From the menu select Tools -> Internet Options -> Security and click on Custom Level. Scroll down to the end of the list and you'll see an entry for Scripting. Disable all the sub-entries. Now select the tab labeled Privacy. In the bottom of the box that appears check on the option to block pop-ups. I recommend you also click on the button Advanced and select the option to block Third-party Cookies.

NOTE: By disabling Scripting you will also effect the way other websites behave -- other sites may not function at all! You may need to get used to switching scripting on and off as desired. That's why this is the least desirable of these various options.

The FireFox solution

This is an excellent choice -- it's the fastest performing of the options listed here: FireFox is superior to IE in every possible way. FireFox provides the added advantage of blocking all Spyware, an evil that IE brought into this world.

* download and install Firefox 1.5
* in the FireFox address bar type about:config
* scroll down the list to the entry xpinstall.enabled
* right click on the entry and select toggle from the menu
* toggle as needed to set the value to true
* go to the Firefox website and follow links to extensions
* find the extension adblock and install it
* remember to toggle xpinstall.enabled back to false
* in Firefox select Tools -> Adblock -> Preferences
* use the New Filter field to add the following items:
* enable Adblock

The trick with Adblock is to block the domain rather than the specific ad. If you click on Adblock to disable an ad. Select Tools -> Adblock -> Preferences from the menu and then edit the new entry; remove anything that follows after .com or .net. This will block everyting from that source.

The Netscape solution.

With Netscape you can shut down all the iVillage ads using the browser preference settings. From the menu select:

Edit -> Preferences -> Privacy and Security -> Cookies
Allow cookies for the originating website only

Edit -> Preferences -> Privacy and Security -> Images
Accept Images that come from the originating server only

Edit -> Preferences -> Privacy and Security -> Images
Block unrequested popup windows -- turn this on

Edit -> Preferences -> Advanced
Enable native object scripting -- turn this off

Edit -> Preferences -> Advanced -> Scripts & Plug-ins
Enable Java$cript for Navigator -- turn this off

NOTE: GW will now be ad free, however disabling Java$cript will effect how other websites behave. You may have to get used to switching this setting back and forth. Therefore I suggest the Universal option above is more appropriate.

NOTE: You MAC users out there: Sorry I don't have more info for you except to say that FireFox and adblock are available for the MAC.

There's no sense in further complaing, iVillage IS an ad. We need to let them be who they are and stop them on our end. Take care all.


clipped on: 01.14.2008 at 08:30 am    last updated on: 01.14.2008 at 08:30 am

It's August and time for the 'toothpick' technique

posted by: nandina on 08.23.2006 at 01:13 pm in Plant Propagation Forum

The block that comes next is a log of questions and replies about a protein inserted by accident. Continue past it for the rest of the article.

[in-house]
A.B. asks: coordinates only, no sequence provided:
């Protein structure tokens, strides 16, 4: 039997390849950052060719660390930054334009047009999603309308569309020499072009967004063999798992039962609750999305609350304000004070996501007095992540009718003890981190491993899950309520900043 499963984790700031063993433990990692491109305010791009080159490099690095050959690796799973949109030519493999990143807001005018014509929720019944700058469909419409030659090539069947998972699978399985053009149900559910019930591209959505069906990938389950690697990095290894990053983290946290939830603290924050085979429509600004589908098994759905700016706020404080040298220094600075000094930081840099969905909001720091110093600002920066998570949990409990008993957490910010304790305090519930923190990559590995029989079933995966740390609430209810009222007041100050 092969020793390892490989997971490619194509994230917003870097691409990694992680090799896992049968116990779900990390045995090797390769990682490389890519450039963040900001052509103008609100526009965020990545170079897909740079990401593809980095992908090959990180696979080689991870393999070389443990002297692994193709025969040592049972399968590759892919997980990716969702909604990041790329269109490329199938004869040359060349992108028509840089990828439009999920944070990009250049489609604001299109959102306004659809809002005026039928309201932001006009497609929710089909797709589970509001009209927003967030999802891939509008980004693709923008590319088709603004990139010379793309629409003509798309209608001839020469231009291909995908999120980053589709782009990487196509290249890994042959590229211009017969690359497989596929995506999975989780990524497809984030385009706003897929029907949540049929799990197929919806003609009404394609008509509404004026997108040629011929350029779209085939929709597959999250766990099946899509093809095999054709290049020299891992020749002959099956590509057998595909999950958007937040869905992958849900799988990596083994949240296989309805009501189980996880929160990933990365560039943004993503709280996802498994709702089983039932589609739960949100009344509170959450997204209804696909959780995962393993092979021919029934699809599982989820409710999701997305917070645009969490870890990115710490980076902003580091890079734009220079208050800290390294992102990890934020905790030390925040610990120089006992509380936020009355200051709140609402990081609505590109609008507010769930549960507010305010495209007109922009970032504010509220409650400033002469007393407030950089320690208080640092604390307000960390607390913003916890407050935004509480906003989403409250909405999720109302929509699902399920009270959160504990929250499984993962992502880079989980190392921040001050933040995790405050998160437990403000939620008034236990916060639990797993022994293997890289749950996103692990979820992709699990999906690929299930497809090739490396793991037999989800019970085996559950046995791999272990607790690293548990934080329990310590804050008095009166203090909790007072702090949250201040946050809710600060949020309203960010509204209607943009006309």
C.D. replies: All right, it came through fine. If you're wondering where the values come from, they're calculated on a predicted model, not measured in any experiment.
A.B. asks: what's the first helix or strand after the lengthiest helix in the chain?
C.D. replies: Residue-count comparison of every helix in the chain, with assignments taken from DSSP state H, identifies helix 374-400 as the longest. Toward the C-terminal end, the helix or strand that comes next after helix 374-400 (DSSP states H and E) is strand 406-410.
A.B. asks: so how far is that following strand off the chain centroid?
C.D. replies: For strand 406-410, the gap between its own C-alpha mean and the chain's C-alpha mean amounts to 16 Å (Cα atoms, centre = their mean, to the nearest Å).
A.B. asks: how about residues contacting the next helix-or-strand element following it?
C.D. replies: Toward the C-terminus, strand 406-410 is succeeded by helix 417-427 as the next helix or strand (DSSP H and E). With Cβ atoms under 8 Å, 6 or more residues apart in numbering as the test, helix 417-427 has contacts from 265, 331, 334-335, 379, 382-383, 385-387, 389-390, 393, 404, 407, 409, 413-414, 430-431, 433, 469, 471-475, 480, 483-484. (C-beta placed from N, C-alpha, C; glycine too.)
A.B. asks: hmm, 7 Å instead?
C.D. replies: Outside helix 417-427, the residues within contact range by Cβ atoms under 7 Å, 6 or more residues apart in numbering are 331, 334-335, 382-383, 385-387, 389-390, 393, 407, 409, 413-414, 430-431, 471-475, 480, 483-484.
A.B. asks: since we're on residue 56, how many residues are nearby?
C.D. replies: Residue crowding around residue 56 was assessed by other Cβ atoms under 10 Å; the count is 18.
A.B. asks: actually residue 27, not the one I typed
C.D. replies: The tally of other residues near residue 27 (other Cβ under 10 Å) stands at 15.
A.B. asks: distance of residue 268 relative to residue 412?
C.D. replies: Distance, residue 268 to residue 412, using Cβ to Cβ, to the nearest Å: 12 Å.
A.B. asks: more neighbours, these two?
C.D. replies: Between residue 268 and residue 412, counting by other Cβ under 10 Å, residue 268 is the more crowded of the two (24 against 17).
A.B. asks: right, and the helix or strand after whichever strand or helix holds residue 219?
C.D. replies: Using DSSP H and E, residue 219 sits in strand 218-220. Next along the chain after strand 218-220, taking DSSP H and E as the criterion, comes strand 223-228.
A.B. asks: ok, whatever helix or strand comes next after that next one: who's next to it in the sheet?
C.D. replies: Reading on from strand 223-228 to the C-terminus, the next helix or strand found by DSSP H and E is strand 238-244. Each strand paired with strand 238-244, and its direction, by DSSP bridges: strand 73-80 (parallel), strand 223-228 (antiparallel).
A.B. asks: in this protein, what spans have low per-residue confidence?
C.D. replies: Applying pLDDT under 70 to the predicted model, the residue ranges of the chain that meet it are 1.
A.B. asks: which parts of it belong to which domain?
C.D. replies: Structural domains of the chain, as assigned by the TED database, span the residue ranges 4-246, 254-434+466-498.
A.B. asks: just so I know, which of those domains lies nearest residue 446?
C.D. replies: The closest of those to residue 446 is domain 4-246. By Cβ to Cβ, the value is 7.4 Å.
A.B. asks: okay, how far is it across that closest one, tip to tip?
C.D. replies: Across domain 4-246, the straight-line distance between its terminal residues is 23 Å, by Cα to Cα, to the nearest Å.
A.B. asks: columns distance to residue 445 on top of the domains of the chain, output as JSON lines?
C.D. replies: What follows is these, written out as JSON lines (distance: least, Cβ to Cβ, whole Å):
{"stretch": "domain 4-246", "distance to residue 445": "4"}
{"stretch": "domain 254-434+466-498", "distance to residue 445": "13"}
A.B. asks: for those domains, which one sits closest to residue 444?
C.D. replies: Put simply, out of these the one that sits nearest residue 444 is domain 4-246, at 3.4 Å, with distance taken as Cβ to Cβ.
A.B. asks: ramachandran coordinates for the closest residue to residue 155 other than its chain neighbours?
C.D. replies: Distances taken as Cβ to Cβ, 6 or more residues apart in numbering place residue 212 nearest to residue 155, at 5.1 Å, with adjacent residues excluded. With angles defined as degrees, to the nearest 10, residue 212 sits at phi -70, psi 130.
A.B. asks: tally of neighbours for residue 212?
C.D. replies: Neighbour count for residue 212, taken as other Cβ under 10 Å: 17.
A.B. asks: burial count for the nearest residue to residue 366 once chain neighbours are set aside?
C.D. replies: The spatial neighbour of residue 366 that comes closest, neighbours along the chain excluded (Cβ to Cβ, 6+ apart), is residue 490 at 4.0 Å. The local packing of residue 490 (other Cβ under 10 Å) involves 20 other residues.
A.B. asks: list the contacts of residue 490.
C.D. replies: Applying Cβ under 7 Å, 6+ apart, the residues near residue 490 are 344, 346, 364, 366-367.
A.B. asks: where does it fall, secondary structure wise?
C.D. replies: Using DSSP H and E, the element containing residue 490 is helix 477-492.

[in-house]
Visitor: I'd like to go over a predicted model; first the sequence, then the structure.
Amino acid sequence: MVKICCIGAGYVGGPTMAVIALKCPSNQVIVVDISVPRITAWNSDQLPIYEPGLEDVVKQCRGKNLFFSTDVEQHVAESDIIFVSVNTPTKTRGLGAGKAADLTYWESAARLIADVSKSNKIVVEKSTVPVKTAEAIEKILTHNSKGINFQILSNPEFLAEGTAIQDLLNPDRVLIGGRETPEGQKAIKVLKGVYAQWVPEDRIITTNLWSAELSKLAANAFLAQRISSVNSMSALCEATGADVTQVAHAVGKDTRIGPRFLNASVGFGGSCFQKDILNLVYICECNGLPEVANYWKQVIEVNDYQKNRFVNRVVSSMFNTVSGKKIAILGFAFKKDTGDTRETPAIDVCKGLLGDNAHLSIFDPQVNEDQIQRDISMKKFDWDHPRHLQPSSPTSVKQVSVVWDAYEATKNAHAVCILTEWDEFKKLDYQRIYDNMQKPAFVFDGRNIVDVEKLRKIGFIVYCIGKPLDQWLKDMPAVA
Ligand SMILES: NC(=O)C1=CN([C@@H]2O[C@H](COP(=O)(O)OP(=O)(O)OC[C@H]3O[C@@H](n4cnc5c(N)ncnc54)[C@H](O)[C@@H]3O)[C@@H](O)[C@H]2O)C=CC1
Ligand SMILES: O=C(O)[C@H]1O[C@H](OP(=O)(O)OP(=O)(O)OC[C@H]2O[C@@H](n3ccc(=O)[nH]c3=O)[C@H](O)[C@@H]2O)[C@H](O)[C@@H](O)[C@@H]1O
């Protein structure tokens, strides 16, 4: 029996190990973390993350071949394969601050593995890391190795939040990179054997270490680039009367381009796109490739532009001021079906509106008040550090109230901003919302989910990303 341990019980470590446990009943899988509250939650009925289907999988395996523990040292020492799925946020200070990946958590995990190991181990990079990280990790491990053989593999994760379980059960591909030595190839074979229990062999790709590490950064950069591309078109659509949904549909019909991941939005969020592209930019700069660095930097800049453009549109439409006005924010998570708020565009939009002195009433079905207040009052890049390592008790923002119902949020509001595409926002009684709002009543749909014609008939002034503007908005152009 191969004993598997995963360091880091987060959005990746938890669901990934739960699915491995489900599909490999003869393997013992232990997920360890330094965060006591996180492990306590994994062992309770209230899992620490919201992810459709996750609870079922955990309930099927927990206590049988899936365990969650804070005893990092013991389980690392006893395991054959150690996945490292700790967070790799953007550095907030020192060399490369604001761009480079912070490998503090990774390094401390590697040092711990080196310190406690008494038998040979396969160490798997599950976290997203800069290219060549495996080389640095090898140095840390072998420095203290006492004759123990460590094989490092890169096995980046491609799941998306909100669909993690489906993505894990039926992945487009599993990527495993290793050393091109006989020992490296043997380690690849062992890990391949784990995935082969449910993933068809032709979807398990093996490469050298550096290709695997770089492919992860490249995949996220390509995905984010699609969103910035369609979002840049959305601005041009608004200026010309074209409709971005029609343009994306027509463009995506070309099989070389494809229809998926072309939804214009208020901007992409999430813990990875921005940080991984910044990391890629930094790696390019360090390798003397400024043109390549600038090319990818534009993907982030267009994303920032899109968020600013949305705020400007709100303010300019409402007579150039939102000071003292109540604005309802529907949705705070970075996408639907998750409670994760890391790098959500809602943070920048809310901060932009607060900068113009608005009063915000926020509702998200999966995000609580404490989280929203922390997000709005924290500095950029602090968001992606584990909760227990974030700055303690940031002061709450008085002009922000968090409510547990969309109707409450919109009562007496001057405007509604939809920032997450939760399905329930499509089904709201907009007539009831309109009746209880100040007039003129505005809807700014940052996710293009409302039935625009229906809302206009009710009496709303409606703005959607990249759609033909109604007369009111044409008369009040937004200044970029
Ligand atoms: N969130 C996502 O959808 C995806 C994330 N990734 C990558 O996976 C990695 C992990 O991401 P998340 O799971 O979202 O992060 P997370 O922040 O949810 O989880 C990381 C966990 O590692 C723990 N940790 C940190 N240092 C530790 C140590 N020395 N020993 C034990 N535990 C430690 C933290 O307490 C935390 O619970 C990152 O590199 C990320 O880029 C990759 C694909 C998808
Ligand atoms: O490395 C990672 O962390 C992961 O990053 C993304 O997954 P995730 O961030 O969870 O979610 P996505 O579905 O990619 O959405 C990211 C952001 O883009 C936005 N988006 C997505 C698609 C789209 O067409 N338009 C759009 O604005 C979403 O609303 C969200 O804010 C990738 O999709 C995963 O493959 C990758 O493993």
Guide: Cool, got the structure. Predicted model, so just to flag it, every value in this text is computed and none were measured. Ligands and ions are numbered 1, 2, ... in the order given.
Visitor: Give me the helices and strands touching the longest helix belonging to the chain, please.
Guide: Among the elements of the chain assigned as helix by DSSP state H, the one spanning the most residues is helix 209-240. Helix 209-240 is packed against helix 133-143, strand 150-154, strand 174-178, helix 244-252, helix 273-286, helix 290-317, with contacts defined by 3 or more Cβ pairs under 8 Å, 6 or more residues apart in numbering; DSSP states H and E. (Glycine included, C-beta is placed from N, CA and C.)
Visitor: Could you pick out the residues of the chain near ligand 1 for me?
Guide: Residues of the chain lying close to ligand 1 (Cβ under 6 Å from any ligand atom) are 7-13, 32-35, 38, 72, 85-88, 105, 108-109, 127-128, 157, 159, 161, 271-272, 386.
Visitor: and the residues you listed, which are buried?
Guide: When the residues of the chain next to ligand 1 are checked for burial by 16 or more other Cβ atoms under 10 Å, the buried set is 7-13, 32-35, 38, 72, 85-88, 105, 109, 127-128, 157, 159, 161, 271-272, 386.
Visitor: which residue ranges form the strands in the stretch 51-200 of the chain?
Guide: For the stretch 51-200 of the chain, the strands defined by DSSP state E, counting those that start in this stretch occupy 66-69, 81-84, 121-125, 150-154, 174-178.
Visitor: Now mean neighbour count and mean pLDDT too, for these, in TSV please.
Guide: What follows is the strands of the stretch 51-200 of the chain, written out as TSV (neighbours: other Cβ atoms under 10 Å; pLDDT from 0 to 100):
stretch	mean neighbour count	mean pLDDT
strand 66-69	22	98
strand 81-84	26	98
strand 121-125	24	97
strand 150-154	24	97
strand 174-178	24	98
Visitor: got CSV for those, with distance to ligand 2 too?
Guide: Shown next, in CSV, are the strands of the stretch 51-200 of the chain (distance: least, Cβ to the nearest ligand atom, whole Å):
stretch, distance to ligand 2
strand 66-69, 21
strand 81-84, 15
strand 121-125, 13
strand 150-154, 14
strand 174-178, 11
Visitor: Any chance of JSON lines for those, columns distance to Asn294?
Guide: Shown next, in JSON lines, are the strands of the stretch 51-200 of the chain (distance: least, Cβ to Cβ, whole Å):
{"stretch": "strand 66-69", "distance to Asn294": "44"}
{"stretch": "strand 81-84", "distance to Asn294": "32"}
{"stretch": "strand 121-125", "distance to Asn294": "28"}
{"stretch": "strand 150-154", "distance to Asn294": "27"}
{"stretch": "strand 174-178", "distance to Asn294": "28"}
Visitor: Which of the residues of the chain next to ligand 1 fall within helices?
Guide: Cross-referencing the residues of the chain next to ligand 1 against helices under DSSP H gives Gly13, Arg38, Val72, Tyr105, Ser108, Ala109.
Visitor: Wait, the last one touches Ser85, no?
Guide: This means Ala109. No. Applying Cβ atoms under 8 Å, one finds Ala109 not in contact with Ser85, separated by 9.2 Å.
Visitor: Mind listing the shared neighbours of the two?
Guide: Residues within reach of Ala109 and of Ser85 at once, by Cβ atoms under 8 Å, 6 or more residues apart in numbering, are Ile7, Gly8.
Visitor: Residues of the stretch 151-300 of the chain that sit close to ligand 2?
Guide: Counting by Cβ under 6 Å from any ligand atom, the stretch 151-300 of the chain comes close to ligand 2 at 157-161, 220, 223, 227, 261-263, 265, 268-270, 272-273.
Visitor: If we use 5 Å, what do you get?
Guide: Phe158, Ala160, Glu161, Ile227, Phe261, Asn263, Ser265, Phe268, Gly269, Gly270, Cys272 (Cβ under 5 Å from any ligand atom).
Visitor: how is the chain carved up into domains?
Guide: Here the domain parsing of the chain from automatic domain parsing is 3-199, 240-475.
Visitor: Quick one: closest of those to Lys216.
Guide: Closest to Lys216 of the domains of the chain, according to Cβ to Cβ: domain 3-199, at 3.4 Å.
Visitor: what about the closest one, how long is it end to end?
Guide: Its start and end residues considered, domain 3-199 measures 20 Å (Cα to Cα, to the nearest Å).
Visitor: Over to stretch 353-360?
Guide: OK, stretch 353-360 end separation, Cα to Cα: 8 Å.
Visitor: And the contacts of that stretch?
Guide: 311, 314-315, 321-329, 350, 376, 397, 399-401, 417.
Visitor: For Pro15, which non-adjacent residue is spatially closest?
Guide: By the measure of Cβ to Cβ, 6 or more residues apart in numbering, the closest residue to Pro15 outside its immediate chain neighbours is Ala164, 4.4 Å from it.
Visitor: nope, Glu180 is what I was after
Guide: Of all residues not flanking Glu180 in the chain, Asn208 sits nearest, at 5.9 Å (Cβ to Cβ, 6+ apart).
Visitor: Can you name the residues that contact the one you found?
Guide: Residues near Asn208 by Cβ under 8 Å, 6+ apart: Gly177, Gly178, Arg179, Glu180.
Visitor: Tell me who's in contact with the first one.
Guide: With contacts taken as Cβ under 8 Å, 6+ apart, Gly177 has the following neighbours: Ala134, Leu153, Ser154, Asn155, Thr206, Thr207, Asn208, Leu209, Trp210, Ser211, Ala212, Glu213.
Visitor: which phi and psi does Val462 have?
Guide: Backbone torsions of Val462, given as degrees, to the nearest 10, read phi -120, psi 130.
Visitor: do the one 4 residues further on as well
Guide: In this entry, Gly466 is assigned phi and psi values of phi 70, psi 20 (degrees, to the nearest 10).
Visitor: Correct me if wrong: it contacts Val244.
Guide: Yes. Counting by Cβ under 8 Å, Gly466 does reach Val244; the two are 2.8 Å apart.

I have not posted this propagation method in several years. Time for a repeat. Just a reminder that all cuttings need to callus before they will root. This method allows the callusing to take place on the mother plant before the cutting is removed and is most helpful for those hard to root trees/shrubs. Plan to use the toothpick technique during the last weeks of August up until mid-September. This is a little known process and when I first posted it a number of growers contacted me, pleased to know about it as it requires no misting systems, etc.

A very sharp, small penknife or Exacto knife.
A small block of wood (to prevent cutting fingers!)
Some colored yarns or tape for marking purposes.

1. Select the stem from which you wish to take a cutting. Look along it until you locate a bud ON LAST YEAR'S GROWTH.

2. Place the block of wood behind that point and make a single VERTICAL cut all the way through the stem, just below the bud.

3. Insert a toopick through the cut.

4. Mark each cutting with colored yarn/tape so that you can locate it at a later date.

5. Walk away from your toothpick cuttings until the end of October or November. Leave them alone!

You will note that a callus has formed where you wounded the cutting and inserted a toothpick. With sharp pruning shears remove the cutting just below the toothpick. Trim off the toothpick on either side of the cutting.

7. Dip your cuttings in rooting hormone and set them in a cold frame. Water well and close up the frame for the winter. Water as needed. If you do not have a cold frame, set the cuttings right next to your house foundation on the east or north side. Lean an old window or glass pane up against the foundation to protect them.

8. Rooting should take place by mid-spring. Those with greenhouses can leave the cuttings on the mother plant into December/January before setting them to root. Commercial propagators will find this useful.

This method requires a bit of practice but works well. In August/September select the stem to be used as a cutting. Locate last year's growth on the stem and grasp it between thumb and forefinger. Snap the stem lightly until it breaks in half. Leave it hanging on the plant where it will callus. Then follow instructions above for setting cuttings. Snip the cutting off, when callused, at the wounded part. This is a useful technique for azaleas and many woody shrubs and Japanese maples.